My heart ached and I cried bitterly, both because we had lost one of our finest does, and because there was absolutely nothing we could have done about it.
I thought this was the worst blow we could be dealt, but I was wrong. This was before the floods, a joyous, sun-filled winter.
On February 21st, the real flood came. Surging forth from a crumbling levee miles away, it swept over San Felipe Road, through our neighbor's houses and past us. I ran out to call in the stragglers, the goats and pigs who thought they had already found higher ground. Here they are, running through the water toward the barn. An hour later, the water was another foot higher.
Our house and yard are built up several feet above the surrounding lands and were untouched.. It was a small island of land in a vast lake. We were dry, warm and had a safe haven in the yard for the bottle babies.
All of our neighbors, however, sufffered significant flood damage and all of the homes and farms to the north of us were evacuated. I am so very, very grateful, for it could have been much worse. Surely we were done with the Fates cruel trials now?
Below, the water levels some ten days after the flash flood. The field is strewn with branches and detritus - the fence on the west side of the property was swept away.
The constantly fluctuating weather and disease carried by wet, flowing miasma over more than two months, however, exacted a heavy toll through disease. We suffered numerous losses across the age spectrum (though mainly in kids), due to pneumonia, giardia and frequently recurring coccidiosis. We worked with our veterinarians, but the pathogens simply could not be avoided, not without moving to a new property entirely, and that we could not do.
In all, we lost seven adult goats and over half of our kid crop. Yes, OVER HALF. I cried every morning and had to force myself to do chores, certain that yet another goat would be lying in a quiet heap in a corner, often with no previous overt signs of illness. Not going out would mean that I was not treating them as best I could, but it was all I could do to go. Meanwhile, the pathogens continued to swirl, thrive and infect our animals repeatedly as the water mingled with mucky ooze with each rainfall.
I was broken. I am still broken.
All we can do is carry on, and I consoled myself in caring for the animals that lived. Thank you to Patrice Sartor, who took many of these pictures, and without whom I could not have managed to get through the floods and aftermath. You are a true friend and undaunted by the worst parts of farming that you have witnessed this year. Thank you for your unrelenting and positive support, my dear friend.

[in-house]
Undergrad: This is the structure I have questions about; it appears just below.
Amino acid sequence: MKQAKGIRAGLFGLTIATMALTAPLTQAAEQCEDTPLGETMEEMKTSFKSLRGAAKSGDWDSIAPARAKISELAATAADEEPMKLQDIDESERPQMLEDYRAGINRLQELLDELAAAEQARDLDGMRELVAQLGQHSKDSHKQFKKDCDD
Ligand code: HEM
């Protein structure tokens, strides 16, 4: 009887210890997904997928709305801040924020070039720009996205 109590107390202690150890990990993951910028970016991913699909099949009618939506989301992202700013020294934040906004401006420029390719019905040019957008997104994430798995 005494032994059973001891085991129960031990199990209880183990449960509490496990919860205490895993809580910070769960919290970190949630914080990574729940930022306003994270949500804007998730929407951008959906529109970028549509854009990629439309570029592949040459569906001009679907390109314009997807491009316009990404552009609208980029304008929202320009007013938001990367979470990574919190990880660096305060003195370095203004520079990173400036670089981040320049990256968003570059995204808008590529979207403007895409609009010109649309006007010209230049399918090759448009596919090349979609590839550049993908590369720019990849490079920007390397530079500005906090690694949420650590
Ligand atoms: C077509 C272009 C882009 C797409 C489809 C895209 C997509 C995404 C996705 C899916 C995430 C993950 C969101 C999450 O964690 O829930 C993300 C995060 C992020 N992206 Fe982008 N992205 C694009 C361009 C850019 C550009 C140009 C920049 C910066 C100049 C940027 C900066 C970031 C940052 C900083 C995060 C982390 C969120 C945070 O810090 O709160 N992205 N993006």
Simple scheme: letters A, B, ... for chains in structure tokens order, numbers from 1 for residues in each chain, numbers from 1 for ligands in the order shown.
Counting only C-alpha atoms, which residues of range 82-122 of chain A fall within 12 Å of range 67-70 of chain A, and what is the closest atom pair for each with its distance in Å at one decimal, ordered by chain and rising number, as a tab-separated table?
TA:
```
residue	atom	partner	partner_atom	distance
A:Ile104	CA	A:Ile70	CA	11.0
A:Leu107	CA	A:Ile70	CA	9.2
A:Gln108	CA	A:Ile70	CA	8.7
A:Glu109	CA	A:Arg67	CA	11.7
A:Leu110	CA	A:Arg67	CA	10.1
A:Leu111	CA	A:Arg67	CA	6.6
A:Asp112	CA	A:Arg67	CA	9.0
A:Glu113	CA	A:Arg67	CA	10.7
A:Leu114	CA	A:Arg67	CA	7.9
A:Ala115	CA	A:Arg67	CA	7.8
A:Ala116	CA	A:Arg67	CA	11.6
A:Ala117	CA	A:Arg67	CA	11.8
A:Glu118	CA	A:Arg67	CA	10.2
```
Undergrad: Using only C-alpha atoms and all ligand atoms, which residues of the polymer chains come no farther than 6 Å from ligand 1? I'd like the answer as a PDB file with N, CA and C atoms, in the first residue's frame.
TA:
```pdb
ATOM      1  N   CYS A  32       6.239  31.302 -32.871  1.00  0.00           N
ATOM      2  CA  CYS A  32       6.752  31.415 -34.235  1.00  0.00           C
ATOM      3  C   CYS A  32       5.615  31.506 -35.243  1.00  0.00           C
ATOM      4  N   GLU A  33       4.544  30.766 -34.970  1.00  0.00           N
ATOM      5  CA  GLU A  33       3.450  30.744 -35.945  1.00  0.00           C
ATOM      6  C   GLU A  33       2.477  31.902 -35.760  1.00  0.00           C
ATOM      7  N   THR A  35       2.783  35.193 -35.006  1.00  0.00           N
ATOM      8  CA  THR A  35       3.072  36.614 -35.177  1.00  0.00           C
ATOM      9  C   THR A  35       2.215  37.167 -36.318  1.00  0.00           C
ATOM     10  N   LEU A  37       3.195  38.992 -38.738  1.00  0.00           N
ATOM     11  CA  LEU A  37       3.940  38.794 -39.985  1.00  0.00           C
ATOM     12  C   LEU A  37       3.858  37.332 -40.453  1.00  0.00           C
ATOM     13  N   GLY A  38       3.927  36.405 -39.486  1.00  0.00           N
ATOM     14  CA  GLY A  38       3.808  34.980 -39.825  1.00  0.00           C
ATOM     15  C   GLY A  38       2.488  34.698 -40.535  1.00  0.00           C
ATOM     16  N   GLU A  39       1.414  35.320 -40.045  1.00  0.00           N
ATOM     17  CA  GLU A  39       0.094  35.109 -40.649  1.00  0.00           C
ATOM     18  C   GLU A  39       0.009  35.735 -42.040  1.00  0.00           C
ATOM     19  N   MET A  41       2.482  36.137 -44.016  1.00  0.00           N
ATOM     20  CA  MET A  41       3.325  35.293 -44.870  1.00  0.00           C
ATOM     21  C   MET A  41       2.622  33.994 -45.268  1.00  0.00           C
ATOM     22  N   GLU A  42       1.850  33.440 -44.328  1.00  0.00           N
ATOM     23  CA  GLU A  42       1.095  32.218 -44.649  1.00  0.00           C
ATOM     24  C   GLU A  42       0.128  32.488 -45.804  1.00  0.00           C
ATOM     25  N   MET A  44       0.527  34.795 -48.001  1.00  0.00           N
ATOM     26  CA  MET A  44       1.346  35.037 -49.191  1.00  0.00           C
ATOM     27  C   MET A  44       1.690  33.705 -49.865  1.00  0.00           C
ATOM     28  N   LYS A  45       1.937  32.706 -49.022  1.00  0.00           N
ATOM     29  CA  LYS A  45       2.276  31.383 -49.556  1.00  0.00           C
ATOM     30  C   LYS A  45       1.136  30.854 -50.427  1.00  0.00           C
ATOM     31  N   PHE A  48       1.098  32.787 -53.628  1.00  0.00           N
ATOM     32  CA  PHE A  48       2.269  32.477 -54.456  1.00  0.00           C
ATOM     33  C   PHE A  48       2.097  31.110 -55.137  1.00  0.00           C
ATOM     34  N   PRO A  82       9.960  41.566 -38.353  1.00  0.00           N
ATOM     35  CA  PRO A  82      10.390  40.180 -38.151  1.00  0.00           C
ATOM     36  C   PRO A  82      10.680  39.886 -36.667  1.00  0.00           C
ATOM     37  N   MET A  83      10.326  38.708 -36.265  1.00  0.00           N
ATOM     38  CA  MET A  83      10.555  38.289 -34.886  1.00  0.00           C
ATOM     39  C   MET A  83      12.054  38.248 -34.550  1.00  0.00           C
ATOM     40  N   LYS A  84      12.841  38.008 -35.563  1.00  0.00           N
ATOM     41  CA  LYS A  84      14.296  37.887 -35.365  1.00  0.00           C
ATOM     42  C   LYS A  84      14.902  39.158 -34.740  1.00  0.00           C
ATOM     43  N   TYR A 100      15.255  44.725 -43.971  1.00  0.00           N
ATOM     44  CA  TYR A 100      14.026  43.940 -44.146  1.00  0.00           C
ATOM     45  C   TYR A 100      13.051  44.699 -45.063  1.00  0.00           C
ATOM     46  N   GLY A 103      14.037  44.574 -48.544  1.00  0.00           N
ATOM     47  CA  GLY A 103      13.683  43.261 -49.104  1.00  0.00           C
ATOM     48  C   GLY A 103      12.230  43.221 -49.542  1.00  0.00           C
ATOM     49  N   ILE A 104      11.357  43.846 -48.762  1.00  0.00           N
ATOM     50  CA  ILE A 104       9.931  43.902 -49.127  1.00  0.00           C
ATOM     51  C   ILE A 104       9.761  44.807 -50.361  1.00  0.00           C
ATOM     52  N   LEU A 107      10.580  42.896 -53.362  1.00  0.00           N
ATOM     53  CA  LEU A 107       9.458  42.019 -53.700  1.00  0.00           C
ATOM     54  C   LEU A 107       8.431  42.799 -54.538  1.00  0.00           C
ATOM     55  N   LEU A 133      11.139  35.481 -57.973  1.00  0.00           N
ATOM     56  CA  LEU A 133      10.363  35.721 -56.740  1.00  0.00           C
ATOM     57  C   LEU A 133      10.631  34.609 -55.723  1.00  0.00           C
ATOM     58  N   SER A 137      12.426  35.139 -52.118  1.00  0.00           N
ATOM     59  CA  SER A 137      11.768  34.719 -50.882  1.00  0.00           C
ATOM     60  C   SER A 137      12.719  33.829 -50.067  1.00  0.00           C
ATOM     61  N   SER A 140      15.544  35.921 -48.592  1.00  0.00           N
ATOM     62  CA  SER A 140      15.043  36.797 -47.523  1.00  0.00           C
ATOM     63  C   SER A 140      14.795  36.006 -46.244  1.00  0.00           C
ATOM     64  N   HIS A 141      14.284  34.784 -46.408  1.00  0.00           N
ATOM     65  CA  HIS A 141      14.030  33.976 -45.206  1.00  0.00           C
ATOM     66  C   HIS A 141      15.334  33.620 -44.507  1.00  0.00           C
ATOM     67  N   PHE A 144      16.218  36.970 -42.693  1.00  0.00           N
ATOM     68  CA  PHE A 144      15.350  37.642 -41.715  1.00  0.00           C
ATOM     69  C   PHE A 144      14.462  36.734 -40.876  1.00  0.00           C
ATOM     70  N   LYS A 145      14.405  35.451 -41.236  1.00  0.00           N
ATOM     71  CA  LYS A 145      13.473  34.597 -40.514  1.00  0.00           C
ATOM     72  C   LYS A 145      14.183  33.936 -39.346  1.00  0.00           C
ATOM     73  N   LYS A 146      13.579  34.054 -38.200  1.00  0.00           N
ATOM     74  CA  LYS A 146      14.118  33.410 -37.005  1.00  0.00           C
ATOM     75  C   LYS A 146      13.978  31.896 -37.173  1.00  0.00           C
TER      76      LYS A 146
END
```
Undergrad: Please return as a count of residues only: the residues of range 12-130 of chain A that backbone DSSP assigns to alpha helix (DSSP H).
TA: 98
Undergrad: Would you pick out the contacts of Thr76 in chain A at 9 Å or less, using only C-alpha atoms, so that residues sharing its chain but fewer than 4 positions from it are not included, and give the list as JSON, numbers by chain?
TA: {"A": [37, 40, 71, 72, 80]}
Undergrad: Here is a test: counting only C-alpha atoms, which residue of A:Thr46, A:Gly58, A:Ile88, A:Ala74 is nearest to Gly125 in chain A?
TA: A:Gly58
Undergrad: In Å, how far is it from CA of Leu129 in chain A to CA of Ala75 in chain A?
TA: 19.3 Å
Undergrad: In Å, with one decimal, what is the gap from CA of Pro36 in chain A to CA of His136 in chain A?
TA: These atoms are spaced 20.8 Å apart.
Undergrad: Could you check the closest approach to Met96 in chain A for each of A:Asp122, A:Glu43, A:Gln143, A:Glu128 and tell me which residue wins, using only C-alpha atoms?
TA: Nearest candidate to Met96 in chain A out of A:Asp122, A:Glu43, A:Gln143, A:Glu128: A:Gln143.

Below, does grazing before yet more rainfall. Shallow, infected ponds can be seen to the left. There was no way to prevent the goats from drinking from them, repeatedly, aside from locking them all up in damp, equally risky barns where they'd be in much closer quarters for transmitting disease back and forth.
Years of breeding, testing and care were decimated by a disease I had fought so hard to avoid since I got back into goats in 2010: caseous lymphadenitis. I'll document our CL saga in a separate series of evolving blog posts.
The flood waters are gone, the remaining goats are doing well, life is slowly returning to normal... and we are taking firm control of our CL situation and have a solid plan, in conjunction with our vet clinic. Our goat herd is CLOSED to all sales and breeding until such time as we resolve this herd health issue. It's going to be a long while.
I will never forget this year, the war on water, in a region so drought-stricken. Irony and tragedy, lightened by the support of true friends, innumerable hugs from Eric and kind words from our fellow goat breeders.
I am glad that I did not give up, and I am resolved: we will recover.
ps. We did NOT have the worst of it, and it makes me braver to see how well others faced their own tragedies. Again, our home and two of three barns were spared - most were not. Below, some images from the surrounding farms and homes in January and February. The lady leading the horse to safety is our neighbor Julie Carriero, who as the Animal Control Officer at the time - she later had to evacuate her own farm with her entire herd of prize-winning Boers.